When I went out to check the mailbox Saturday afternoon I encountered this guy.
He might be the largest, most beautiful grasshopper I’ve ever spoken with; although, I think he might be injured. He didn’t even attempt to hop away when I closed in on him. I moved him to the shade, so maybe he can recuperate. At least he’ll be less of a target for birds there.
Here we are, staying in place, trying our best to keep the corona virus from finding us. In my sci-fi addled brain, COVID-19 is a monster lurking in the internal organs of some stranger’s infected body, awaiting an opening, perhaps a sneeze or a cough, to propel him into the next host.
And that host could be me, or worse, someone I love.
Yes, I know that in most cases of the virus the symptoms are mild—barely noticeable in some instances, but those that are bad, are scary.
BUT! Nature doesn’t give a flip. These past few days have been gorgeous here in Florida. Sunshine and temperatures in the 80’s. And in some parts of the country, snow is falling like crazy. The monster keeps on creeping, but nature doesn’t care, and that comforts me.
I hope all of you are safe and healthy and able to appreciate whatever nature is sharing with you today.
On Sunday Studly Doright and I drove south for about three hours to attend a Celebration of Life service for a man I’d never met, and who Studly only knew superficially through business contacts. We went more to support friends who’d known the man well than for any other reason.
The service was held at Silver Springs State Park near Ocala. I’d visited the park a decade or more ago and it’s lovelier than I remembered. When we entered the park a family member of the deceased directed us down a winding path to a rustic pagoda with raised seating and a view of cypress trees rising out of the swamp. The October sun filtering through the surrounding foliage created the most perfect spot on earth that day. We found our friends and sat together as the service began.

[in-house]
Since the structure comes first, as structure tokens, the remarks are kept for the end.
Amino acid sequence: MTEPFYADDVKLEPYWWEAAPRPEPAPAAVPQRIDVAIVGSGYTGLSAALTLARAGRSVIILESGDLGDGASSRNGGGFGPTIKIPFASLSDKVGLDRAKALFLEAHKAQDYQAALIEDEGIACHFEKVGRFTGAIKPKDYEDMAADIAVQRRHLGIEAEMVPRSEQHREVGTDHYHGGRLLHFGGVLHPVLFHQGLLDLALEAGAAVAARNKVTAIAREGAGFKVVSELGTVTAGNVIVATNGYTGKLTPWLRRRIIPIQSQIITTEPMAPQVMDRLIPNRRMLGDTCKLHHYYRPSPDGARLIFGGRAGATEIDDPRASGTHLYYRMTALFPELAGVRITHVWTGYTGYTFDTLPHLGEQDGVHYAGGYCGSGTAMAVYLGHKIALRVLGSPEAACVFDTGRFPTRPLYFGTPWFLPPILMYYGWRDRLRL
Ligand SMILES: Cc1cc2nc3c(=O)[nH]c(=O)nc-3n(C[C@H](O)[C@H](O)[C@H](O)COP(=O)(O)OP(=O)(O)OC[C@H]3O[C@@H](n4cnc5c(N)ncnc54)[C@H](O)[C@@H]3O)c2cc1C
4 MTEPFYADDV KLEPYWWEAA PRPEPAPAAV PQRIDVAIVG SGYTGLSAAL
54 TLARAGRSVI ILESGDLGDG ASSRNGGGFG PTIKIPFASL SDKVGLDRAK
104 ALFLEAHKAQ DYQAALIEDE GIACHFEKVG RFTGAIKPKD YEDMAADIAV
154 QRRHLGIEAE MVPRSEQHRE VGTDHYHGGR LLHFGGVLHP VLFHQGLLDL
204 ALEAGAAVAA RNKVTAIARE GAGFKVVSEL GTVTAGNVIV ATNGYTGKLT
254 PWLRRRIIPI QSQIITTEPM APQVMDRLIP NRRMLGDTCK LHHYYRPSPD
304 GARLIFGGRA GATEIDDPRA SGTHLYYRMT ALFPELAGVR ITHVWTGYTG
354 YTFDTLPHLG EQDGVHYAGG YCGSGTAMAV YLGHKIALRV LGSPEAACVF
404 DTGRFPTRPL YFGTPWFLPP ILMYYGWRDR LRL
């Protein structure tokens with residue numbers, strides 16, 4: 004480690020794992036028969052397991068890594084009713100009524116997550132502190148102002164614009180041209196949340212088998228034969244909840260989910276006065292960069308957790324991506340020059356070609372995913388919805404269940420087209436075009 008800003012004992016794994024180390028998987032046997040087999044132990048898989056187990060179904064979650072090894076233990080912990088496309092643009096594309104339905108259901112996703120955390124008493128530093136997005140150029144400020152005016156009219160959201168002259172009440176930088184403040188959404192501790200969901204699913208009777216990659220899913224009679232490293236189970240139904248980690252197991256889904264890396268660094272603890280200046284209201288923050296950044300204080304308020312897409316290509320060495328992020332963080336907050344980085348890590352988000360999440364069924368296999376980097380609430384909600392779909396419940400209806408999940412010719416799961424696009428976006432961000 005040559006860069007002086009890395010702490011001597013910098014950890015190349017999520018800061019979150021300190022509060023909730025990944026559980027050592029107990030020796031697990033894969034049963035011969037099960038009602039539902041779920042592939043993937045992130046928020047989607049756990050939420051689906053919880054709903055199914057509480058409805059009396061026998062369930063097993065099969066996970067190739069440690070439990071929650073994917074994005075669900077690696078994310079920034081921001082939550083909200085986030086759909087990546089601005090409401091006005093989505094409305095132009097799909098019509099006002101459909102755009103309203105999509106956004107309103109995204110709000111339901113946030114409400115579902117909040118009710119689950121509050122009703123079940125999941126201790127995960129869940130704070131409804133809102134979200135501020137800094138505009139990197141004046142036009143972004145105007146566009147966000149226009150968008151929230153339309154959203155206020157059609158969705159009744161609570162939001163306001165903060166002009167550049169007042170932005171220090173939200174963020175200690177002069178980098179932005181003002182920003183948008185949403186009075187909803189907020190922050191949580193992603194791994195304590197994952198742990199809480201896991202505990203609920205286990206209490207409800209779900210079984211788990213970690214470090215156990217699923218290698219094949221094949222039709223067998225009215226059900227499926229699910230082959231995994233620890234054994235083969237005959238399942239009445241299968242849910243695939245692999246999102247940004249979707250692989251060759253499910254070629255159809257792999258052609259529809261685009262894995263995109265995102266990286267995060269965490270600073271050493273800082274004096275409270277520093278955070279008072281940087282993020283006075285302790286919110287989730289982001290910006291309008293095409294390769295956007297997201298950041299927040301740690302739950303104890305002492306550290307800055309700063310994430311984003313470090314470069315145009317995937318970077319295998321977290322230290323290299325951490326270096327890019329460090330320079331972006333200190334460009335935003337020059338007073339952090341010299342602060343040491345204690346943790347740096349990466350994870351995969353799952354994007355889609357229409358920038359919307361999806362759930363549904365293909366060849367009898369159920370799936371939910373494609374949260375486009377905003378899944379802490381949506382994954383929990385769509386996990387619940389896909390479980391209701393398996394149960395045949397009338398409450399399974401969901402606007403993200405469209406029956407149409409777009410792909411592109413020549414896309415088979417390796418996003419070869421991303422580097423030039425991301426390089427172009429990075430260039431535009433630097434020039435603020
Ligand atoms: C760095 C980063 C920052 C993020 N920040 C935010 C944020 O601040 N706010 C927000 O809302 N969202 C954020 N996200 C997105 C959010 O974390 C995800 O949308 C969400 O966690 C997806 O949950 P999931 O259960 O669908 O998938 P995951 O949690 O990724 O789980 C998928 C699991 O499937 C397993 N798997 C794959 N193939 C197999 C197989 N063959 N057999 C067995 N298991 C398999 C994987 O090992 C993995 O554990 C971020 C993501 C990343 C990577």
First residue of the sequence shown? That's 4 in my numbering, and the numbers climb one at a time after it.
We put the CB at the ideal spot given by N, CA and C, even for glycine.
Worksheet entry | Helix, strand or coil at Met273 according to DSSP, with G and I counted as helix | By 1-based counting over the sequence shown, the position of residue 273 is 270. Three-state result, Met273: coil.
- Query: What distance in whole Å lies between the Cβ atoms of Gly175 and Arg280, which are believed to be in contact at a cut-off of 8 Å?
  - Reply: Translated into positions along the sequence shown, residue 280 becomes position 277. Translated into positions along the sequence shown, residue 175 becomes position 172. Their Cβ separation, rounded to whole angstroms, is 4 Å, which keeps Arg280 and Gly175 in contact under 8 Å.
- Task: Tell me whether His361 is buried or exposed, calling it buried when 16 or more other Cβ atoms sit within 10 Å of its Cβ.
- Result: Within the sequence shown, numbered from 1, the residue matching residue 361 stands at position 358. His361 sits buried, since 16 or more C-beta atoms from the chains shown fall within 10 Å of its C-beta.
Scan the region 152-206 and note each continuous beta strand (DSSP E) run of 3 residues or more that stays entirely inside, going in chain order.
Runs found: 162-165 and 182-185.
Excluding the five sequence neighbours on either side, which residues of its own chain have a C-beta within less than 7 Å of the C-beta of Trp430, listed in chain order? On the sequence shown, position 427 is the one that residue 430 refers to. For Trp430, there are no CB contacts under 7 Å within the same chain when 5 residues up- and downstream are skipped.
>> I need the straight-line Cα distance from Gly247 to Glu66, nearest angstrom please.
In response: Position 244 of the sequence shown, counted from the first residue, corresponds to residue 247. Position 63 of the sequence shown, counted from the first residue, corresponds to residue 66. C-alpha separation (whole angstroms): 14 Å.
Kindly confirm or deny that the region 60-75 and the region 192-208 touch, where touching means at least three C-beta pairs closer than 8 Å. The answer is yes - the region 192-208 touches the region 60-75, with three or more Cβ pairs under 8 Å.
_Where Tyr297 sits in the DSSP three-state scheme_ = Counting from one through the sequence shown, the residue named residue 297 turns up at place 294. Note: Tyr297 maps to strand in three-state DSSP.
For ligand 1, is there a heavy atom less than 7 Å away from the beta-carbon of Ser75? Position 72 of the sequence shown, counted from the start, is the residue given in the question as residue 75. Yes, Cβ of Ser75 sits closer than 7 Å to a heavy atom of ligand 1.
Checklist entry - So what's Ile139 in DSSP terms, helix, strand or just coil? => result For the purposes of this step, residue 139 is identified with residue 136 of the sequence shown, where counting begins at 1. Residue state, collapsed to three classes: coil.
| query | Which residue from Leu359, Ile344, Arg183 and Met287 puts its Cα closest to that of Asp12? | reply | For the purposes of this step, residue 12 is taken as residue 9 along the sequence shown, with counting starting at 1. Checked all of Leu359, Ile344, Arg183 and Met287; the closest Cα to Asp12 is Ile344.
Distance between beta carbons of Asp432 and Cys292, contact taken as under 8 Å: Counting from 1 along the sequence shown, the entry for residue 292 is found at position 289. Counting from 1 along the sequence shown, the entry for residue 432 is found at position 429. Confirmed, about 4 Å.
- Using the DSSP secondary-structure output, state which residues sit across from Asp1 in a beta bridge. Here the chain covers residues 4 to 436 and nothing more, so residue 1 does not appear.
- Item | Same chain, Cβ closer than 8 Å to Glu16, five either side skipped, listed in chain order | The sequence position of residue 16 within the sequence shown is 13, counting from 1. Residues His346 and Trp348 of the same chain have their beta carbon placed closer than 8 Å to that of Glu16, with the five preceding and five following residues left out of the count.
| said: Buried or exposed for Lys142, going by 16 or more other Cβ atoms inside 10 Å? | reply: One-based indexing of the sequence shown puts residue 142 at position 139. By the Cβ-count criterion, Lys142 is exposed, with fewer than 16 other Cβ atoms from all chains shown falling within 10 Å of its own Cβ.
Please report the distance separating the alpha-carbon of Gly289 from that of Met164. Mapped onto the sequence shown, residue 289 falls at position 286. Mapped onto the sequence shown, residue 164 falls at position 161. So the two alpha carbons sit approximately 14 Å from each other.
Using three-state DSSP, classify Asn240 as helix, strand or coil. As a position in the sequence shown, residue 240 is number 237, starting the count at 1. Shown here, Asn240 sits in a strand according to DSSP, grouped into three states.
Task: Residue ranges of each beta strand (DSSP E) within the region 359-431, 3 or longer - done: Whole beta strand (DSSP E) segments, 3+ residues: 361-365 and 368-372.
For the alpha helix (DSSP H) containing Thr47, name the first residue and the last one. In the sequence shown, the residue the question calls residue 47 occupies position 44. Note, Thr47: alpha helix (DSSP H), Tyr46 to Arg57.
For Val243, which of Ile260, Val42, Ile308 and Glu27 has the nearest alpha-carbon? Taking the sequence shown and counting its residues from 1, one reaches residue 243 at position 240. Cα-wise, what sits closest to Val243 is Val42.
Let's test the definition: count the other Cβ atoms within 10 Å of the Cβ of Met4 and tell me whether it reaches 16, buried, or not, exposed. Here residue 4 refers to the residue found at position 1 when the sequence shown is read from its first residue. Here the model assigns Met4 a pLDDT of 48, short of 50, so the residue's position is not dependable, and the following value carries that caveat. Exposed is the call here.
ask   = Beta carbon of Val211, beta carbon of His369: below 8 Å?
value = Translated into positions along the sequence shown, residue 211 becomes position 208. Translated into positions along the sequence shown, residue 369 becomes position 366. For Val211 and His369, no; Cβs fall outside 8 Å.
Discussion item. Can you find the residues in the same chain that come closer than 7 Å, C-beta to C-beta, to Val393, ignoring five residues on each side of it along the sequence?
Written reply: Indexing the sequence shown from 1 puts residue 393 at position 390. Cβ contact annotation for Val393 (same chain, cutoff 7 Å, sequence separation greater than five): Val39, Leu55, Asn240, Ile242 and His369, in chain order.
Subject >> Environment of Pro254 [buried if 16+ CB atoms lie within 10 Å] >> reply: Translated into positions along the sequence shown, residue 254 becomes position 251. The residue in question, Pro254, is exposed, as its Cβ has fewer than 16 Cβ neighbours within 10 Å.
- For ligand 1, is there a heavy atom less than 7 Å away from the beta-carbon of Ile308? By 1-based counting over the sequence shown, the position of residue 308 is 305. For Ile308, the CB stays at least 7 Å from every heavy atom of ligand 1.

From the photos around the pagoda one quickly surmised that the man being honored had been rather remarkable. There were photos of him at the summits of several major peaks including the Matterhorn. He’d also been a deep sea diver and an astronomer. I wished I’d had the opportunity to have met him.
Then one of the pastors officiating the service spoke about the deceased saying he’d disliked Democrats and hated lawyers, and that if the man could speak from the grave he’d tell us to never vote for a Democrat. A smattering of laughter accompanied by a few groans resulted from his statement. I looked at Studly and he put his hand on my arm, most likely to keep me from saying something I’d regret. I’m no idiot, but I must say words bubbled in my mind.
The second pastor then went on to tell us how the deceased had loved the environment and sought God in all the faces of nature. But he’d hated Democrats and lawyers. Now, I’d say the dearly departed thought he was looking for God, but quite honestly never really cared about the meaning of God.